THE FREE-TRADE LEAGUE.
ITO THE EDITOR OF THE 'SPECTATOR."] SIE,—I enclose you a letter from Sir Robert Giffen which will, I think, be of interest to the public, and hope you will find room for it in your columns.—I am, Sir, &c.,
" Haywards Heath, January 18th, 1904.
DEAR Sin,—I am honoured by the request of your Committee that I should become one of the Vice-Presidents of the Free- Trade League, and it is with much pleasure that I give my consent. May you have all success. If I have a fair opportunity to give you active assistance I shall gladly do so. In joining this League I should like to say that one of my strongest reasons is the necessity of free-trade to any wise scheme of Imperial con- solidation. Unless our colonial friends can be made to see that free-trade is essential to the United Kingdom, meaning by the term free-trade above all free imports, it is to be feared that any scheme of commercial union with them is impossible. It is their hankering after protection which is at this moment the main obstacle to a federation of the Empire, and Mr. Chamberlain's great mistake has been to accept the contrary opinion, that our free-trade policy is the obstacle. In any case the policy of pro- tection is now being preached for the United Kingdom on its merits, with but little enough reference to the question of Im- perial consolidation ; and to all such preaching the strongest possible free-trade propaganda should be offered.—I am, dear Sir,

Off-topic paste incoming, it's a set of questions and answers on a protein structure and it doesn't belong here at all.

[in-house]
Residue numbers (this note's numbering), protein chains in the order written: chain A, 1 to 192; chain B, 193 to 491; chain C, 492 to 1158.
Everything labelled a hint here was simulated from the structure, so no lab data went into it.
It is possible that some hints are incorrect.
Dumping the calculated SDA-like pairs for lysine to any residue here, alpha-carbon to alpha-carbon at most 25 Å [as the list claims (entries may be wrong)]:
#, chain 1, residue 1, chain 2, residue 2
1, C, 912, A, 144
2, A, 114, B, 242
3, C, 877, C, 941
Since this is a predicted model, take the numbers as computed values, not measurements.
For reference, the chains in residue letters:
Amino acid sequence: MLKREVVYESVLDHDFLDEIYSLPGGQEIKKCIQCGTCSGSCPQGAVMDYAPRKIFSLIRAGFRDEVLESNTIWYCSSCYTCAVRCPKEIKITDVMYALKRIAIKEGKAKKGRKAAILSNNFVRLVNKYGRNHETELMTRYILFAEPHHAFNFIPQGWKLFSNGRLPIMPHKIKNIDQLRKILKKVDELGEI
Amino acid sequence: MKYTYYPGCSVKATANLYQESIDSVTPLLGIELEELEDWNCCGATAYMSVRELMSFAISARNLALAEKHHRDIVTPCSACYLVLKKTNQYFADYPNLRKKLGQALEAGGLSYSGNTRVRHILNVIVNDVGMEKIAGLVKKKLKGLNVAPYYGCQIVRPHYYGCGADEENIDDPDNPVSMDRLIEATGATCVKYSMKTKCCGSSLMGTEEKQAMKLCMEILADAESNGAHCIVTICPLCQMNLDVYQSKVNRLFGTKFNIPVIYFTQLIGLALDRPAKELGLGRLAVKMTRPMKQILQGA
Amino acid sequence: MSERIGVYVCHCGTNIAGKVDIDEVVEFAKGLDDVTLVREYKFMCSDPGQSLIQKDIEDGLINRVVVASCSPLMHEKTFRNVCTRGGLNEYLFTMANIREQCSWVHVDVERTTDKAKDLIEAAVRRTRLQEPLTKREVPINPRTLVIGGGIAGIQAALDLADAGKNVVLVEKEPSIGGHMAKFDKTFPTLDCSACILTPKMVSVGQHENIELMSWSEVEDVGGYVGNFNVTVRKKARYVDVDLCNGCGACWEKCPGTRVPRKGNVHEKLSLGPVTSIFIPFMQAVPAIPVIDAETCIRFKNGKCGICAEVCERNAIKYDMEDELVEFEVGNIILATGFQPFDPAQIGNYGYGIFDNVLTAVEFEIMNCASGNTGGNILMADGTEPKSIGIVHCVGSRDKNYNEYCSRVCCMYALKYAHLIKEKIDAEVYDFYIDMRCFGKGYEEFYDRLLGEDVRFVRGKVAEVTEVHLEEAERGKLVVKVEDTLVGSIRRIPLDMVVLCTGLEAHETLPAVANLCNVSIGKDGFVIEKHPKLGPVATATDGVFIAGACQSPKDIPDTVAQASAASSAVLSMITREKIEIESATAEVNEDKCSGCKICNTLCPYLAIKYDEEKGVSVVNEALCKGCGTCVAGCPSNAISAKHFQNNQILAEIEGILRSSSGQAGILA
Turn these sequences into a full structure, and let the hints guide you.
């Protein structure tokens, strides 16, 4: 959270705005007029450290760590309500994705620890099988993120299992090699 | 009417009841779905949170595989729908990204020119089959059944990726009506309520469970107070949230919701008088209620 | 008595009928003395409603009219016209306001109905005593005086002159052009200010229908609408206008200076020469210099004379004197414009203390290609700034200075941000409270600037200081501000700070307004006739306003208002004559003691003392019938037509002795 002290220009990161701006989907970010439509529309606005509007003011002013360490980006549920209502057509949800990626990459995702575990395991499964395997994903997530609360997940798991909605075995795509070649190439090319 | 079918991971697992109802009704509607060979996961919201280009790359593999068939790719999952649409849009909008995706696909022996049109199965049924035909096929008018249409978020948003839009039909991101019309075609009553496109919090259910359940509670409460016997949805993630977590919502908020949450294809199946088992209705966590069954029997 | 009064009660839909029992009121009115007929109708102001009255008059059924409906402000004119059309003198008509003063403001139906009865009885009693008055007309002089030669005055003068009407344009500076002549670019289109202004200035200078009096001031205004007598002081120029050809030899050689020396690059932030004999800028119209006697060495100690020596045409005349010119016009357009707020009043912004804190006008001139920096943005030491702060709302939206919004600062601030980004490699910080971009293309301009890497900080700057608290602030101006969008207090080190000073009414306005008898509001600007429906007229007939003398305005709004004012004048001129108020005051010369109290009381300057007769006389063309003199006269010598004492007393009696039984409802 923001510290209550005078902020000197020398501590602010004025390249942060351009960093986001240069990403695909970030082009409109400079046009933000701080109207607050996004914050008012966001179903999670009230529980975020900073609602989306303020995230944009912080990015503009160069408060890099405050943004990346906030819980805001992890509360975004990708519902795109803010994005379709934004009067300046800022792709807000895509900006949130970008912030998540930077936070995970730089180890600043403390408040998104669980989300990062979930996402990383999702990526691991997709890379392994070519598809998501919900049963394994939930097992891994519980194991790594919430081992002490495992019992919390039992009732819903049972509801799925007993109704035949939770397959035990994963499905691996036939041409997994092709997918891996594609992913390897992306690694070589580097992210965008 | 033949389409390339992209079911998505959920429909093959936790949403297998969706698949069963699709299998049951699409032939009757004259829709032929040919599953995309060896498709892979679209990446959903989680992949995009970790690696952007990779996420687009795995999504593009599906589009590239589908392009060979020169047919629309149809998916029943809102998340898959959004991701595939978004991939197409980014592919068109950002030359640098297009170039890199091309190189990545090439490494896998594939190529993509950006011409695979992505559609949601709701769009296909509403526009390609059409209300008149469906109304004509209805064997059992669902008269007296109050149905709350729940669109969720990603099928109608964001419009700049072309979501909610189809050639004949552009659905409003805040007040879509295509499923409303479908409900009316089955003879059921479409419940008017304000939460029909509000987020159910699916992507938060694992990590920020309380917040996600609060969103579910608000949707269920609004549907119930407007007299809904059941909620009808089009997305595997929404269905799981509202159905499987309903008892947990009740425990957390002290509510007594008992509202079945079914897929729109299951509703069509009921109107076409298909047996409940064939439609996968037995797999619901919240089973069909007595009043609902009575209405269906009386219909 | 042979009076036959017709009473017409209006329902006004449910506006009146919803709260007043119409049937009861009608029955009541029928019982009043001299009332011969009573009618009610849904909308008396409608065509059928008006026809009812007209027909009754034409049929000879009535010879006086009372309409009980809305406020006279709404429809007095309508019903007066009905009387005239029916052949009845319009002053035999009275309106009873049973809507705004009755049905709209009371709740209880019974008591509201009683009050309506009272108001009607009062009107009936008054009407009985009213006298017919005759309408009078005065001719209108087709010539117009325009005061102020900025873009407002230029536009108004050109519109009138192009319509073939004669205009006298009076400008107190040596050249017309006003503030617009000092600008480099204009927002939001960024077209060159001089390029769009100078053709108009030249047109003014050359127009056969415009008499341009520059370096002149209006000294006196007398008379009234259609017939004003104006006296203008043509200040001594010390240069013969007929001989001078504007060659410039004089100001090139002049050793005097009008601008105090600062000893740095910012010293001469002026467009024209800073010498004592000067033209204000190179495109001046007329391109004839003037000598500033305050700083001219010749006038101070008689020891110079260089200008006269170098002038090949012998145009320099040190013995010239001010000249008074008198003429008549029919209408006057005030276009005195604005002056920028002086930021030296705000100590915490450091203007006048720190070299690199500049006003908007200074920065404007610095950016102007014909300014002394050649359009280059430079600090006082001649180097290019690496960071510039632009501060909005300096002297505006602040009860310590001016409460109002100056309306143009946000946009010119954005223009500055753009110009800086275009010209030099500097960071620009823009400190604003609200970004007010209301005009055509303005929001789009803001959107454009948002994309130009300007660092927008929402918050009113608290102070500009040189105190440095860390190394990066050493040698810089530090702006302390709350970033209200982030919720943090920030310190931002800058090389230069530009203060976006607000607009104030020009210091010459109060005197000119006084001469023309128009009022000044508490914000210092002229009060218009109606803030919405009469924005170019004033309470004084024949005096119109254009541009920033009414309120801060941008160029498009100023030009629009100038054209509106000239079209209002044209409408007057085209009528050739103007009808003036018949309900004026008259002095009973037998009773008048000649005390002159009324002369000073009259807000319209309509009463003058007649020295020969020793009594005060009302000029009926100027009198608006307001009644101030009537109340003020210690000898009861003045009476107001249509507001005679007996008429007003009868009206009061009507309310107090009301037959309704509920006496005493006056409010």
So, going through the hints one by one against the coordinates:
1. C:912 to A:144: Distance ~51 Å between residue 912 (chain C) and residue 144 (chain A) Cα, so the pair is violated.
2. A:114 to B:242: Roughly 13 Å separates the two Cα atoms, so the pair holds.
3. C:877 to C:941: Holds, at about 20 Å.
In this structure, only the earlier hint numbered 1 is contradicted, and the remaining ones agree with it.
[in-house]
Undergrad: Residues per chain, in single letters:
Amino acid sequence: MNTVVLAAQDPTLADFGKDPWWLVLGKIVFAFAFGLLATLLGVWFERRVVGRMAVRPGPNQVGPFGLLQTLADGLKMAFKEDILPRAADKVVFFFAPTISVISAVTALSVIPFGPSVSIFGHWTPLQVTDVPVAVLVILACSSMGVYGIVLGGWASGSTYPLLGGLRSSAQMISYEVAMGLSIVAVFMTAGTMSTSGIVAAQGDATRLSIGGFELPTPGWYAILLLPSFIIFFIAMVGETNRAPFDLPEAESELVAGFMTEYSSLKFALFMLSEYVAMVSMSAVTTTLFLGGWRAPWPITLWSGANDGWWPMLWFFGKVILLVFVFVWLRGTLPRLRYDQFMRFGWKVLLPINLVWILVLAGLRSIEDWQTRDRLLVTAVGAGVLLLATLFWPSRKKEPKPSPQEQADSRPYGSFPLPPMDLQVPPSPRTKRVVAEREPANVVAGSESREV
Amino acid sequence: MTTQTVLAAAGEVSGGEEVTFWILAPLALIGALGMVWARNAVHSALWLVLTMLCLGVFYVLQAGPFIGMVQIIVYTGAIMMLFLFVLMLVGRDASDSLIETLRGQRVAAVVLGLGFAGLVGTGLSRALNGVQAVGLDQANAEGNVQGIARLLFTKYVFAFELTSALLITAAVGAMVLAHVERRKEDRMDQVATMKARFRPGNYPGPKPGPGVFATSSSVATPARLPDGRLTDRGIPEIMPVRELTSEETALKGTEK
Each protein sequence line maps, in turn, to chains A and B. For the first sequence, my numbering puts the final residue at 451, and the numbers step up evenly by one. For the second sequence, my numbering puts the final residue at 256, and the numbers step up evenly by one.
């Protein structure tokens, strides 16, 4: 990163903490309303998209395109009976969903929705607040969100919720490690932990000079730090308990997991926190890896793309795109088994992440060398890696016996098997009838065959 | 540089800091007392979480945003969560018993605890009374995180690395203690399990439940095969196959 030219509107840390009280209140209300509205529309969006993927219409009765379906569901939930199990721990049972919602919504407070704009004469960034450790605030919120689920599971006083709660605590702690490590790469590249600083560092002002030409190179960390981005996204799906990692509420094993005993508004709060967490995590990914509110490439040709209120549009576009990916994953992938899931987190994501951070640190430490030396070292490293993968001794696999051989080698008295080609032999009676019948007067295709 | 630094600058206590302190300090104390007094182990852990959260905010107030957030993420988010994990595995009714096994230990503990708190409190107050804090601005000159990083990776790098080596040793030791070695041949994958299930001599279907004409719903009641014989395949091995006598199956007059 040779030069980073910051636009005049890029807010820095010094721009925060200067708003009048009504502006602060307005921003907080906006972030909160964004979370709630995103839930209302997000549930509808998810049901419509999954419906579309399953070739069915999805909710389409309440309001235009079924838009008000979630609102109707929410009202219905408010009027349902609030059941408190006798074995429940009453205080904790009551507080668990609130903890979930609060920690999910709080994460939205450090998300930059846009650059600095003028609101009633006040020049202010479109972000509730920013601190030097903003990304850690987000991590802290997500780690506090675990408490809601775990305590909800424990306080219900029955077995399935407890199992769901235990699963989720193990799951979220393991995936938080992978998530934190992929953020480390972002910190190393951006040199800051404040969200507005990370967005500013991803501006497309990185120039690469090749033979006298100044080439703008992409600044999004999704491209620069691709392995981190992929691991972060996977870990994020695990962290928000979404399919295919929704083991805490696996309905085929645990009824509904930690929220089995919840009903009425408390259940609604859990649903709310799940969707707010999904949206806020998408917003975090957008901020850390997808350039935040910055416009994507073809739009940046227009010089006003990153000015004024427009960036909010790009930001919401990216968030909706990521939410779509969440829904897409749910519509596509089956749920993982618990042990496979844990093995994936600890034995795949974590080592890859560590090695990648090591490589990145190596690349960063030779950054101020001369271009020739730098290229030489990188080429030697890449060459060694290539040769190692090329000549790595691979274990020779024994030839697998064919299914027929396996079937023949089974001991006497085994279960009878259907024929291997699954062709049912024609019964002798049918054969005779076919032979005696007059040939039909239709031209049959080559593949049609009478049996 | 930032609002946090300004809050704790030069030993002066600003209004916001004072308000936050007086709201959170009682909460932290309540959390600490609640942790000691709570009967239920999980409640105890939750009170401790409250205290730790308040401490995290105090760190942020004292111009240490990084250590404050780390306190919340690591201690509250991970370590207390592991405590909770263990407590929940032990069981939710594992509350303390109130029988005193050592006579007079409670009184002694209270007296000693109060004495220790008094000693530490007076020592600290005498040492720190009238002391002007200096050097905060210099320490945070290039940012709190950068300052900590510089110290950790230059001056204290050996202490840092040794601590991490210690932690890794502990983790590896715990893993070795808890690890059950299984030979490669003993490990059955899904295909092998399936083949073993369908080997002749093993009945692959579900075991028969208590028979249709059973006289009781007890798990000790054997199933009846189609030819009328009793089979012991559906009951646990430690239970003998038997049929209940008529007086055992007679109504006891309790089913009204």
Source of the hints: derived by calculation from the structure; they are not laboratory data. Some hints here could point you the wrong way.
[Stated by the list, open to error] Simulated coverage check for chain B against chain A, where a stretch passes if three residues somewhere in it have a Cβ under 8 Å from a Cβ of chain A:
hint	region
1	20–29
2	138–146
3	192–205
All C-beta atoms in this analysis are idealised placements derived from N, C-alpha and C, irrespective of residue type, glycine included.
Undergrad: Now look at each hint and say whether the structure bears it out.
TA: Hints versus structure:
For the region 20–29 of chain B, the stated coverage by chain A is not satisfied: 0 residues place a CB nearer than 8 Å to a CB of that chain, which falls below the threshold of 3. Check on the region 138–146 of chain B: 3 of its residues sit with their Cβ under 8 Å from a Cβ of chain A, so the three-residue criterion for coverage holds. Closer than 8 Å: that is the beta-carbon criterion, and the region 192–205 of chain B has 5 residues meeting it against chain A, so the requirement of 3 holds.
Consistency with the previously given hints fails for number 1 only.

T. W. Knaacx, Esq."